Here, Jody and Helen talk about:

-        Jody’s journey

-        How IVF isn’t a magic bullet

-        PTSD and fertility treatment

-        Childless or child free - how the terms aren’t interchangeable

-        Unhelpful cultural ideas around not having children

-        Painful things people say

-        …and what to say back (‘I’m not ‘childless Google’!’)

-        ‘Pronatalism’ and how it does all women a disservice

-        Disenfranchised grief and how to heal it

-        Finding a new purpose – a ‘good’ plan B

Triggers include childlessness not by choice, infertility, IVF, abortion.

It’s a very powerful episode where we talk about a lot of extremely painful things (there are tears). It’s difficult but important and that’s what learning how to be sad is all about – so I hope you’ll join us on this one and do get in touch at howtobesad@gmail.com if you would like to discuss further or visit https://gateway-women.com/.

Follow Jody @gatewaywomen on Twitter and Instagram.


Follow Helen on social media @MsHelenRussell

How To Be Sad, the book, is out now.

Thanks to Joel Grove for production and to Matt Clacher at HarperCollins for making this podcast happen.

Season 2 #4 Xand van Tulleken

Season 2 #4 Xand van Tulleken

May 12, 2021

Dr Xand van Tulleken is a much-loved medic, broadcaster and someone with first hand experience of the impact of covid 19. In spring 2020 Xand contracted Covid while preparing to film a documentary about the virus with his twin, Dr Chris van Tulleken. Xand isolated at home for two weeks but continued to experience strange symptoms, including heart palpitations. When these worsened he rushed to University College Hospital, where his twin was working on a Covid ward, and had to have his heart ‘shocked’ back into a normal rhythm with an electric current. Xand talks about his experience of going so publicly from presenter to patient.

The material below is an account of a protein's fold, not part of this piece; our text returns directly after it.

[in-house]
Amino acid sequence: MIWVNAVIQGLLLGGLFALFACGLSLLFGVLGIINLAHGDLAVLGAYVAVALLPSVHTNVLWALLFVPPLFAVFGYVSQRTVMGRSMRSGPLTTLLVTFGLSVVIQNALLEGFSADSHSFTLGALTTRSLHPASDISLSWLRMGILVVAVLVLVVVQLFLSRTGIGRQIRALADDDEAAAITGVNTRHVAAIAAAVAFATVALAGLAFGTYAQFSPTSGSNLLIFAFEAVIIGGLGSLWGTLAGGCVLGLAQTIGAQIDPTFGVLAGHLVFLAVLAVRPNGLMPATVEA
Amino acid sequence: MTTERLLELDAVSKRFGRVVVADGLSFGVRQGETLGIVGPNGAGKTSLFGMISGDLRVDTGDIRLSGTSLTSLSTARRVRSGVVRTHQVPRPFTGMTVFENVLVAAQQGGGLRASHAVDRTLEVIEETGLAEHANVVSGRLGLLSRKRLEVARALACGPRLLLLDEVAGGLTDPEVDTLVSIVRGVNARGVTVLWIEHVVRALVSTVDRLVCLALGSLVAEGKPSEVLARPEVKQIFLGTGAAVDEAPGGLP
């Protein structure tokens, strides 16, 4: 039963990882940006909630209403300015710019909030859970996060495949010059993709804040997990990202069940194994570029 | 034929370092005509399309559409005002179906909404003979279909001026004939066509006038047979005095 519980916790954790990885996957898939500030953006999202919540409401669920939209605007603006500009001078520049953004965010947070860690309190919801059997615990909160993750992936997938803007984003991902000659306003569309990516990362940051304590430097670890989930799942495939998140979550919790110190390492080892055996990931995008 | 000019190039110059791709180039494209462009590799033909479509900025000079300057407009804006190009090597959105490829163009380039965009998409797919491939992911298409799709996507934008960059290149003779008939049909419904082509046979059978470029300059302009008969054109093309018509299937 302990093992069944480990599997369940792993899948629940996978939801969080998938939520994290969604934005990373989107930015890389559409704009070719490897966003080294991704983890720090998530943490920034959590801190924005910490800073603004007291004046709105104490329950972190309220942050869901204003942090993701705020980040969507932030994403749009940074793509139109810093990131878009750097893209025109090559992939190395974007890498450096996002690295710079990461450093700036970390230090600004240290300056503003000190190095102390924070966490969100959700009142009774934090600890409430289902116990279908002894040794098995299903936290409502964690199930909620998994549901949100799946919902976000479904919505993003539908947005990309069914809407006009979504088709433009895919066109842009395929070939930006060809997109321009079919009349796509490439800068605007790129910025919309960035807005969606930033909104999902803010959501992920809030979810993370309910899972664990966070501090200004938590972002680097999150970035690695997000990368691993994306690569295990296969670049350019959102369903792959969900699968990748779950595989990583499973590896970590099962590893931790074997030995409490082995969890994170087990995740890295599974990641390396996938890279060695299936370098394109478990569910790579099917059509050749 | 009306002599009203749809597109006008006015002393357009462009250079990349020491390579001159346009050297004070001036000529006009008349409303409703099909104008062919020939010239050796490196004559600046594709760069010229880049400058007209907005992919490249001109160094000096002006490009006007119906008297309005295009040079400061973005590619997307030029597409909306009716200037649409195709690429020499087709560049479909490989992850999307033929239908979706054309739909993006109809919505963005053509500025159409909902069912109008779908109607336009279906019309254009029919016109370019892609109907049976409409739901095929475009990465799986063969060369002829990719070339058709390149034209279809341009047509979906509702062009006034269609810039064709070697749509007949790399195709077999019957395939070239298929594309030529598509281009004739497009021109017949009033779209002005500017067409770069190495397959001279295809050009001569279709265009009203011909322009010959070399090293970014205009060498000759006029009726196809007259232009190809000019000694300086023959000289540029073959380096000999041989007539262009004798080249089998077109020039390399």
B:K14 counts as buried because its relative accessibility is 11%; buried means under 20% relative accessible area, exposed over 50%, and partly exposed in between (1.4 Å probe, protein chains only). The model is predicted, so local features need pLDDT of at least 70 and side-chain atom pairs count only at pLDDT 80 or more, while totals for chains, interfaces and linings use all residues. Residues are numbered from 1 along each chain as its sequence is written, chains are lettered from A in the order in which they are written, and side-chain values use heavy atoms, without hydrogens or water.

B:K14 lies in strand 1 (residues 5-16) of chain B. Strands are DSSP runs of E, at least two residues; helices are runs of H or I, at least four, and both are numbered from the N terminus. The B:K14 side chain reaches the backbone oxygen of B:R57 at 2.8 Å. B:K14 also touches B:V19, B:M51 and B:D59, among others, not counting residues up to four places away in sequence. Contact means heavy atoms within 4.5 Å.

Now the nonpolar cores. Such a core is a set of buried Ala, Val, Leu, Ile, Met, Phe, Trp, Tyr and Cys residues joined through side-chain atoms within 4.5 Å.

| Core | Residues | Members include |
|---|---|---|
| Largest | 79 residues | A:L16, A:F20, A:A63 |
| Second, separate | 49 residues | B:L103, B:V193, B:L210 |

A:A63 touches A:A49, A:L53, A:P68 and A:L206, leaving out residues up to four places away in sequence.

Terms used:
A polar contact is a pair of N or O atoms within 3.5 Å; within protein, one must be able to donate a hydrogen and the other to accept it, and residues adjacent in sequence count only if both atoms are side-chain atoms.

He’s also someone who has witnessed more than his fair share of sadness on a global scale, having worked during the genocide in Darfur and in various humanitarian crises all over the world.

So here, we talk about all he’s learned to date and how he copes now. Xand and Helen discus:

  • Sadness and the medical profession
  • Watching your heart stop on national TV
  • The isolation and loneliness of covid
  • Working in disaster zones
  • Getting teary and talking about feelings when it’s not your MO
  • How understanding our body helps (and how, some days, it doesn’t)
  • The vagus nerve and why ‘what happens in vagus doesn’t stay in vagus’
  • How to sneeze paint out of your nose (you’re welcome)
  • Missing someone so hard it hurts
  • Why we all need ‘an emotional support dog’
  • Love, loss and why heartache isn’t the worst thing in the world

Follow Xand @xandvt on Twitter or @avantulleken on Instagram

Follow Helen on social media @MsHelenRussell

How To Be Sad, the book, is out now.

Thanks to Joel Grove for production and to Matt Clacher at HarperCollins for making this podcast happen.

Season 2 #3 Rosie Green

Season 2 #3 Rosie Green

May 5, 2021